But! What really bugs me is when I am going just a tad OVER the speed limit and someone is right on my tail wanting to go way faster, so that its very hard when I need to turn. I slow down very gradually and put my directional signal on way ahead to -hopefully- give them PLENTY of warning! I got rear-ended once and that really shook me up.

Tom Marcoulier
9 years ago
Reply to  Debbie

A quick poll question here…..the speed limit is 25 mph in front of Mauro cafe…

My poll question:
If a person is riding their bicycle at 25 mph in the middle of the road in this stretch, does the person in his/her car behind the cyclist have the right to honk his horn for the cyclist to move over? If yes why?

9 years ago
Reply to  Tom Marcoulier

I just checked
and see: “You may ride your bicycle on any public road, street, or bikeway in the Commonwealth, except limited access or express state highways where signs specifically prohibiting bikes have been posted.”
So does someone have the “right” to honk at a cyclist going the speed limit where he/she is allowed to be? Yes – a person has the “right” to honk and the “right ” to be rude and obnoxious! –so “if yes: why”?: because there is no law against being rude and obnoxious and having bad manners! But they ARE “wrong”!!

Anita Reeder
9 years ago
Reply to  Tom Marcoulier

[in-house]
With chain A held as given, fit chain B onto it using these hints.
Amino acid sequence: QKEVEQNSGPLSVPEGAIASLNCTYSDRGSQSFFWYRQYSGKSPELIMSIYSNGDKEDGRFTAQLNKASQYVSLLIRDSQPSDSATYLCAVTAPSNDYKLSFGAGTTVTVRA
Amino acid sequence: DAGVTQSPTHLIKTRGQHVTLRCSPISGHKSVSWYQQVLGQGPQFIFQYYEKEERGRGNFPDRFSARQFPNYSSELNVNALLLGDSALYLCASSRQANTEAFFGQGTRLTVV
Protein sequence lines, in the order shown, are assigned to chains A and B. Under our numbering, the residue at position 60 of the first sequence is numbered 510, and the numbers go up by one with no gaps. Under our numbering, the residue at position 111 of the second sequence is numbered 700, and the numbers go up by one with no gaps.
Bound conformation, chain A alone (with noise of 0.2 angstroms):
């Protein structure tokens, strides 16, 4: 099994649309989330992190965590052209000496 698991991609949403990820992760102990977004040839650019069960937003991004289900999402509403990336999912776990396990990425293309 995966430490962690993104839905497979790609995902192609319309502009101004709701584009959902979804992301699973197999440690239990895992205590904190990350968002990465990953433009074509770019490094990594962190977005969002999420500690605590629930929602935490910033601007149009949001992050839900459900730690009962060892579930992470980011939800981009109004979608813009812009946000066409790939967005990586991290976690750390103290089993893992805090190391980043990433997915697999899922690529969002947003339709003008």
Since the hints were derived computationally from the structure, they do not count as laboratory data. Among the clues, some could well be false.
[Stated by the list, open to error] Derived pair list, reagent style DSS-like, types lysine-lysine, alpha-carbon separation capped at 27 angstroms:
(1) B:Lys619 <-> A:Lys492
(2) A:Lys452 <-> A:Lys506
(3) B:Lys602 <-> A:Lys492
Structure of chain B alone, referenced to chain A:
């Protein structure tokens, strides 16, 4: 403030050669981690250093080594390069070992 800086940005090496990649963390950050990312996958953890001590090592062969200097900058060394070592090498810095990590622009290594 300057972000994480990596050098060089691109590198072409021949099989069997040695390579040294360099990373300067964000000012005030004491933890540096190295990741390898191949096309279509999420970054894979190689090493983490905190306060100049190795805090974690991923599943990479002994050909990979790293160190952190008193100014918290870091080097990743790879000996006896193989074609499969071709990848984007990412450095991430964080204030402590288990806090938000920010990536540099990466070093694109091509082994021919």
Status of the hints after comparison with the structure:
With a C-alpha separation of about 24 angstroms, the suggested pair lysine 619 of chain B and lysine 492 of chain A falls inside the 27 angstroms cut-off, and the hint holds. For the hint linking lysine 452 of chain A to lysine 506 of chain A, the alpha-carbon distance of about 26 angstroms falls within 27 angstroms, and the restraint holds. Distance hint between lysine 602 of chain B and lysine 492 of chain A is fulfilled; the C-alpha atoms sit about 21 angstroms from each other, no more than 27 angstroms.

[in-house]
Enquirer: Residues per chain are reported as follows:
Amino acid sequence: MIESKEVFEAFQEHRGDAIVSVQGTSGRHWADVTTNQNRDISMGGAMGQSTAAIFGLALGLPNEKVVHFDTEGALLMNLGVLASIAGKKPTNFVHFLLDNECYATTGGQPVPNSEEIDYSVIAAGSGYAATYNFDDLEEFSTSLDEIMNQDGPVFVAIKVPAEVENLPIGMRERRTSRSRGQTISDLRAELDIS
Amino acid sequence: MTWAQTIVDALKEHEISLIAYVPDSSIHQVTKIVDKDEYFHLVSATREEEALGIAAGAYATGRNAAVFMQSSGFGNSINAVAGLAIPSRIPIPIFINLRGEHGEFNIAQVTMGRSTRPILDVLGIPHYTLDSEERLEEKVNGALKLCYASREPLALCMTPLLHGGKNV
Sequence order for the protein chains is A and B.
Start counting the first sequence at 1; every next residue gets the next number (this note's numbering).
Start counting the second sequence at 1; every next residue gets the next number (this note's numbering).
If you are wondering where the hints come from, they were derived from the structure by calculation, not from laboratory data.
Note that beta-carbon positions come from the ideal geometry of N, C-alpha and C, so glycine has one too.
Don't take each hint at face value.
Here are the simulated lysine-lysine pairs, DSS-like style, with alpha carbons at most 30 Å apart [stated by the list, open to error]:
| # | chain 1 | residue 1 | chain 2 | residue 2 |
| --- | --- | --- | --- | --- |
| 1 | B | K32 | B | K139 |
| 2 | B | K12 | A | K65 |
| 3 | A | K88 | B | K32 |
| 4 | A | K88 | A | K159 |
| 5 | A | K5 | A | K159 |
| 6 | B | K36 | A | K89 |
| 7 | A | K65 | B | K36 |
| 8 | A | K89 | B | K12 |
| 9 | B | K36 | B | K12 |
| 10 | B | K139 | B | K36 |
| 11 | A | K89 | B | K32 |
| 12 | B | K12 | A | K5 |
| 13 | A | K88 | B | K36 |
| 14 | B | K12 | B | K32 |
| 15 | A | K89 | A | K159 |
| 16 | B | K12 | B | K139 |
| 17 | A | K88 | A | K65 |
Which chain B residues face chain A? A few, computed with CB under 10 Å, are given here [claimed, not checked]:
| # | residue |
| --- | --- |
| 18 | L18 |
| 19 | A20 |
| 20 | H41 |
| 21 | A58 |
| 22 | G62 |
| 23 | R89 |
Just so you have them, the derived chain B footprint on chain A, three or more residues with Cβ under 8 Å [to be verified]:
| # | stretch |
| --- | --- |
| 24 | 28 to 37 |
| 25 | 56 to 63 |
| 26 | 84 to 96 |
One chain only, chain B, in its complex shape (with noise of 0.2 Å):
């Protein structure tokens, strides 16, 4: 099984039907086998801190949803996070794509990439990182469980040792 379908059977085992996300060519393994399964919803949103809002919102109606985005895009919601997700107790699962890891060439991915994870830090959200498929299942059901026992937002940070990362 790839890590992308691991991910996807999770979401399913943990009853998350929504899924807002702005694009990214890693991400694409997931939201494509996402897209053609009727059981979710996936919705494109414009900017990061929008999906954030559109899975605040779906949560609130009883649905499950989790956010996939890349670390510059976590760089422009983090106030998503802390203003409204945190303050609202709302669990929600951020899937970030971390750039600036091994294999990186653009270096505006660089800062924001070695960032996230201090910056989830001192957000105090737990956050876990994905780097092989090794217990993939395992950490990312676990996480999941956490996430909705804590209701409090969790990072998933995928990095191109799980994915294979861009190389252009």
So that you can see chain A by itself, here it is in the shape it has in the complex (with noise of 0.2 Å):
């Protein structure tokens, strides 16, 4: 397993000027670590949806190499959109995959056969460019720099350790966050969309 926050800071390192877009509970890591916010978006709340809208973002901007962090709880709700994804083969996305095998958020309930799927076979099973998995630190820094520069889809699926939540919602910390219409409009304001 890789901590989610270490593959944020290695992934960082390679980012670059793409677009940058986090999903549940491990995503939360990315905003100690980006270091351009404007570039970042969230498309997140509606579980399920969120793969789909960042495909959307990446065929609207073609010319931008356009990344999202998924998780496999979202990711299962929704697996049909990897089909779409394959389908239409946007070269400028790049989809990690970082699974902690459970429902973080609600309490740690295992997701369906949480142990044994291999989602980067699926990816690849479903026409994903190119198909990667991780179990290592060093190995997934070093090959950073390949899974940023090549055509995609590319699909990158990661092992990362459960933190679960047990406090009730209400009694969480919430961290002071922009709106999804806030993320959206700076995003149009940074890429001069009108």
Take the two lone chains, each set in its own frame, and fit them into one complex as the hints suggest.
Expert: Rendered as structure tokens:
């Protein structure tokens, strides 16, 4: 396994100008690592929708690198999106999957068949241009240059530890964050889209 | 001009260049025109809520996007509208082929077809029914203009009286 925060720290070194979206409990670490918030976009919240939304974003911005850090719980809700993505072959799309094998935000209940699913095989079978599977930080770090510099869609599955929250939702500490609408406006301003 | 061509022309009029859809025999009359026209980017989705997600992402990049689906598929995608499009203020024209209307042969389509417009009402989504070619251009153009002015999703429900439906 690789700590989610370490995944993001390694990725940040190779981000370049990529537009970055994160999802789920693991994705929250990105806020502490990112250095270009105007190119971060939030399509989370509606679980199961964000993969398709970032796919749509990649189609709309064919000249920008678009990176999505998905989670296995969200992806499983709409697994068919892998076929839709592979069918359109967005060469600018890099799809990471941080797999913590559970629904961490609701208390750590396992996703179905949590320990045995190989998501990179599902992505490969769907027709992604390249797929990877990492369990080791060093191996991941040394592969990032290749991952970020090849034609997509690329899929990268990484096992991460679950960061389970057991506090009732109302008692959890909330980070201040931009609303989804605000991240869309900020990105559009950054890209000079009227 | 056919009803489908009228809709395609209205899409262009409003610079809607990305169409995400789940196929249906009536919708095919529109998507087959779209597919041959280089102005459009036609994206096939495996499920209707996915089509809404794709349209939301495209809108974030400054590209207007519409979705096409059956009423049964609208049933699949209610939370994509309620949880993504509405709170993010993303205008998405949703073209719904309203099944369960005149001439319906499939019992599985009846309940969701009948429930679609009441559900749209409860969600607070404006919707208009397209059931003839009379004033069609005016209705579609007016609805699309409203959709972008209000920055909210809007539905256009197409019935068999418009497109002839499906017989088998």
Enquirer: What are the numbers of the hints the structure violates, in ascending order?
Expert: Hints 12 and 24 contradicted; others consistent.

Sometimes motorists (I am one) toot to let a cyclist know that they are there. I once had someone on a bicycle turn into my car, bounce off the windshield and end up on the road. (I had given him wide berth and slowed down, something I was taught during driver’s ed and by my dad. Thank God I had done that, as if I were going the speed limit, he would not have survived.) He never looked before turning. I was not cited and in fact the police said I was not at fault in any way, but I have to live with that every day of my life. Maybe things have changed, but when I was taught to ride a bicycle, I was taught that you stay as far off the road as possible, NEVER do you think you are a car!!!! So, if a cyclist is riding his bike in the middle of a car lane, I imagine I would think he was being obnoxious and putting himself, and those in cars, in harm’s way. Bicycles are not cars. And although they must obey the rules of road as those in cars do, so many do not. Please remember, cars are much bigger than bicycles and can kill you. Stay to the side of the road. I have passed so many on bicycles that swerve all over the place, do not watch for anyone behind them and don’t use hand signals, or turn at the last moment. I just commented to my husband the other day when following some cyclists who were not being careful that I couldn’t wait until winter when they are not on the street anymore. I don’t like feeling this way and would love to be able to share the road, but unfortunately, I keep seeing cyclists that don’t feel the same way. Please, do not take chances with your lives or those around you. Ride with care.